Samdo is a small village where only about 3 households stay over winter to guard it, the rest move on to Kathmandu or Tibet where it is warmer. The sun goes behind the mountains by 3 pm and it’s then bloody freezing.
Dhir took us for a walk through the village.
Little kids asleep on desks outside, looked into a temple and then a typical house owned by town mayor. Smoke coming out of kitchen fire was stifling. Even I had to duck to get in the front entrance.
Went for walk with Mark to show him what we’d seen. Peaceful out in fields away from Juan and his bongos.
Back to hostel in Samdo, Yaniff. Triple room up a ladder with Sarah, Celeste and myself. Sardine can.. Toilet outside, down ladder. Slept with my bag on my bed. Next morning Dhir told me that there was a spare room on the other side with inside toilet…… Grrrrrrr.
Dinner looking like Groundhog Day. Ate spring roll but left the rest. Can’t believe how much some people are eating!
Celeste and I swapped rooms next day. Bliss. Room for a swinging cat.:)

Day 7
Trek to Tibet. A tough uphill climb of 11 kms and back down. Up to 5,000 metres. Beautiful scenery, tough boggy trail near top. Border open for 10 days, so lots of Yak caravans, mules crossing over to get goods to bring back to sell. Freezing cold and windy up top, we were illegal immigrants for 30 mins while we ate lunch at the top.
Back for dinner. Ate a piece of potato. Food is looking like a half eaten dog…. Just can’t stomach any more Dahl, rice, soup….. I think I’m getting sick.
Bed early for a 3:30 wake up. 4 am start in freezing conditions to get our bags over the Pass. Porters carrying our bags as we left the mules in Samdo, unable to use them over the pass.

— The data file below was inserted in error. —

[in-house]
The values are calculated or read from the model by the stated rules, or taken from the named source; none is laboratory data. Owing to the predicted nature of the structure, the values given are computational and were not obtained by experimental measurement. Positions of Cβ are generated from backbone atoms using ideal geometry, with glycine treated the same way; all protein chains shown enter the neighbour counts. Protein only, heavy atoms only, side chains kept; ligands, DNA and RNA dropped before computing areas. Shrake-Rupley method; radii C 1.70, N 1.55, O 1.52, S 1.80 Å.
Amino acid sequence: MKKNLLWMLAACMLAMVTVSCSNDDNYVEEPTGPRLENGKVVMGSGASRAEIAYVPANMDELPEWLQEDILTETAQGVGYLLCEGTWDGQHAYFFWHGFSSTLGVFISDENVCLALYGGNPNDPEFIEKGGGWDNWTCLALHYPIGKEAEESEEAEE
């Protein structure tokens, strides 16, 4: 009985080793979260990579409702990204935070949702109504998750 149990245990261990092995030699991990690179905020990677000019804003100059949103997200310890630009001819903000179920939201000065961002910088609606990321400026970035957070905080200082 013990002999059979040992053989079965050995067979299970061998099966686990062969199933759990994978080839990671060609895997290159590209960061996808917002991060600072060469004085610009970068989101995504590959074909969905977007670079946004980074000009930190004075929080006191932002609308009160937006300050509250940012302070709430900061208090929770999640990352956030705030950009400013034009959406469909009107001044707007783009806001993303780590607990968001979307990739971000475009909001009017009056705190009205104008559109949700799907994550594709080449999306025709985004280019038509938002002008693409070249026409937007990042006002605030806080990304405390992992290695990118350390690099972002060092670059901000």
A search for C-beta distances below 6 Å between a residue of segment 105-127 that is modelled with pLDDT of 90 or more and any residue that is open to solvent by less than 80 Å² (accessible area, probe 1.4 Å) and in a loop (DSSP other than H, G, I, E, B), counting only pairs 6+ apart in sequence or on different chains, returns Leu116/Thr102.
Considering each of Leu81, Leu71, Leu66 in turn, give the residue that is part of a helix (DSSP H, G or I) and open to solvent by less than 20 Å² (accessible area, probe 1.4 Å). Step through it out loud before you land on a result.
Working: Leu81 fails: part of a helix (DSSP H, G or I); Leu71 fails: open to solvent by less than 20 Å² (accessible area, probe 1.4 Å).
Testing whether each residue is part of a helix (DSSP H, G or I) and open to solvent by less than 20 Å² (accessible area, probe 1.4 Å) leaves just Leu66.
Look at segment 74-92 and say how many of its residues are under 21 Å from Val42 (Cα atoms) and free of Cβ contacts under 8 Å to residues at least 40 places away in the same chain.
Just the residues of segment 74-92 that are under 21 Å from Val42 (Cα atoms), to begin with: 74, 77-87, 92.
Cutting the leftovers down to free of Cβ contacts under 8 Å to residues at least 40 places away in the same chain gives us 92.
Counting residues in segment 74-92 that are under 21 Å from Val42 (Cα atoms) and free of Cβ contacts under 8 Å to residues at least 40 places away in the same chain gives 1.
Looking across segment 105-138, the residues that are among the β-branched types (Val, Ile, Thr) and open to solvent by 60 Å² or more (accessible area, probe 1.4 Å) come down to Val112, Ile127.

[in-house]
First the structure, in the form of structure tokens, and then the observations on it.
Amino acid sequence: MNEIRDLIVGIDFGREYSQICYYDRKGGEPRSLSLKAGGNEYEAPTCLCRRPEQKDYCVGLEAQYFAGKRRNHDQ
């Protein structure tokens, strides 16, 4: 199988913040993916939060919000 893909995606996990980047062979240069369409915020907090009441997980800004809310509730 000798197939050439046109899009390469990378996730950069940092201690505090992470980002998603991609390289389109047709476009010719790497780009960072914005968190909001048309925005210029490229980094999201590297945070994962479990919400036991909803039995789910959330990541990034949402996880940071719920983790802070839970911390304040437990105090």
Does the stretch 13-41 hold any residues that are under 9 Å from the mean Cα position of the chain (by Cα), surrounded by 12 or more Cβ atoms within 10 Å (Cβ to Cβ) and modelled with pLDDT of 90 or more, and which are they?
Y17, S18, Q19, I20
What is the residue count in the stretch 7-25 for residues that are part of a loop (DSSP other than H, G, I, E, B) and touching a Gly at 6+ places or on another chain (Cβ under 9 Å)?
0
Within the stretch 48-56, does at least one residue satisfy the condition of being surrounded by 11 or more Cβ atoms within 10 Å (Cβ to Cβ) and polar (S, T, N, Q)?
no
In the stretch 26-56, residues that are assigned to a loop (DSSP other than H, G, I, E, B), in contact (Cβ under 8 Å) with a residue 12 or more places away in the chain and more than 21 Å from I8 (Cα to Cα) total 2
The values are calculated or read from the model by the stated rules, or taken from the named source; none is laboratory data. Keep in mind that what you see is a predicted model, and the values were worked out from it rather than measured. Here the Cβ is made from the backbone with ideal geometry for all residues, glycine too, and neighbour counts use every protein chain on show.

Trail dangerously frozen in sections and difficult to follow. Hands painful, freezing and then numb. Took a wrong turn with Rob and Dave and followed wrong trail up….. and up. Others followed. Dave went back down to ask one guy if he had seen another trail, he wasn’t going to budge until somebody else told him which way to go. I voted him off the island.
Trail traversed for a while, slowly climbing until we found a tea house that had made porridge for us for breakfast. Felt like shit. Took ages for my hands to warm up. Painful and of no use to me. Lost appetite. Had half a cup of tea and got concerned I’d have no energy to get up to 5,200 metres and back down to Bimtang below 4,000 metres.
Slow slog to reach the summit. Severe downhill in ice and snow had me slipping and sliding. Couldn’t be bothered to put my micro spikes on and continued the downhill with one pole. Ita, one of the porters carrying our bags and moving faster than me saw me vomit and then I couldn’t shake him. He offered me his spikes. I just had nothing in the tank. I’d told Dave and Rob to not wait a few kms back thank God. I pulled out a V Fuel gel that I’d been given a few hours after the Boston bombing. If I survived that, a gel a couple of years old wouldn’t kill me.
Ita would not go past me. Another km of slipping, sliding and feeling like shit, Mark “shining light” Brightwell and Manish appeared. I asked Mark to tell Ita that I’d be ok without him. Not long after that, I was heaving and giving my abs a workout like none other. Mark suggested a sleep at the bottom of the steep decent. We found a warm spot in the sun and out of the wind.
Ahhhh, lying horizontal in the sun. Nobody move.
We didn’t, until Rich arrived. We all left together for the final pleasant trail down to Bimtang with a stop at a tent for a drink. mmmmmm… Sprite. Others had noodles and tea. I wasn’t going to push my chances. Felt. Like. Shit.
imagePhoto credit: Mark Brightwell. Definitely my better side.
I had nothing in the tank. Once finished for the day, sleep was all I wanted but Mark was right in ordering pizza of which I had about two bites. Beer was passed on. I must be sick.
Next morning all I needed to do was 22kms to get to the finish in Dharapani. That and numerous stops along the way… Toilet humour is not that amusing when it’s about me…..
Fortunately everyone knew each other pretty well by now, otherwise Marco may have been affected for life, spotting an Australian “bare” in the woods.
The finish was almost a Shangri la moment, or would have been if I didn’t think I was going to die. Beautiful sunny spot to soak up the atmosphere and enjoy the company of some pretty awesome people. (I’ll leave the bit out about falling over in the toilet….)

Photo credit? Mark? Paul?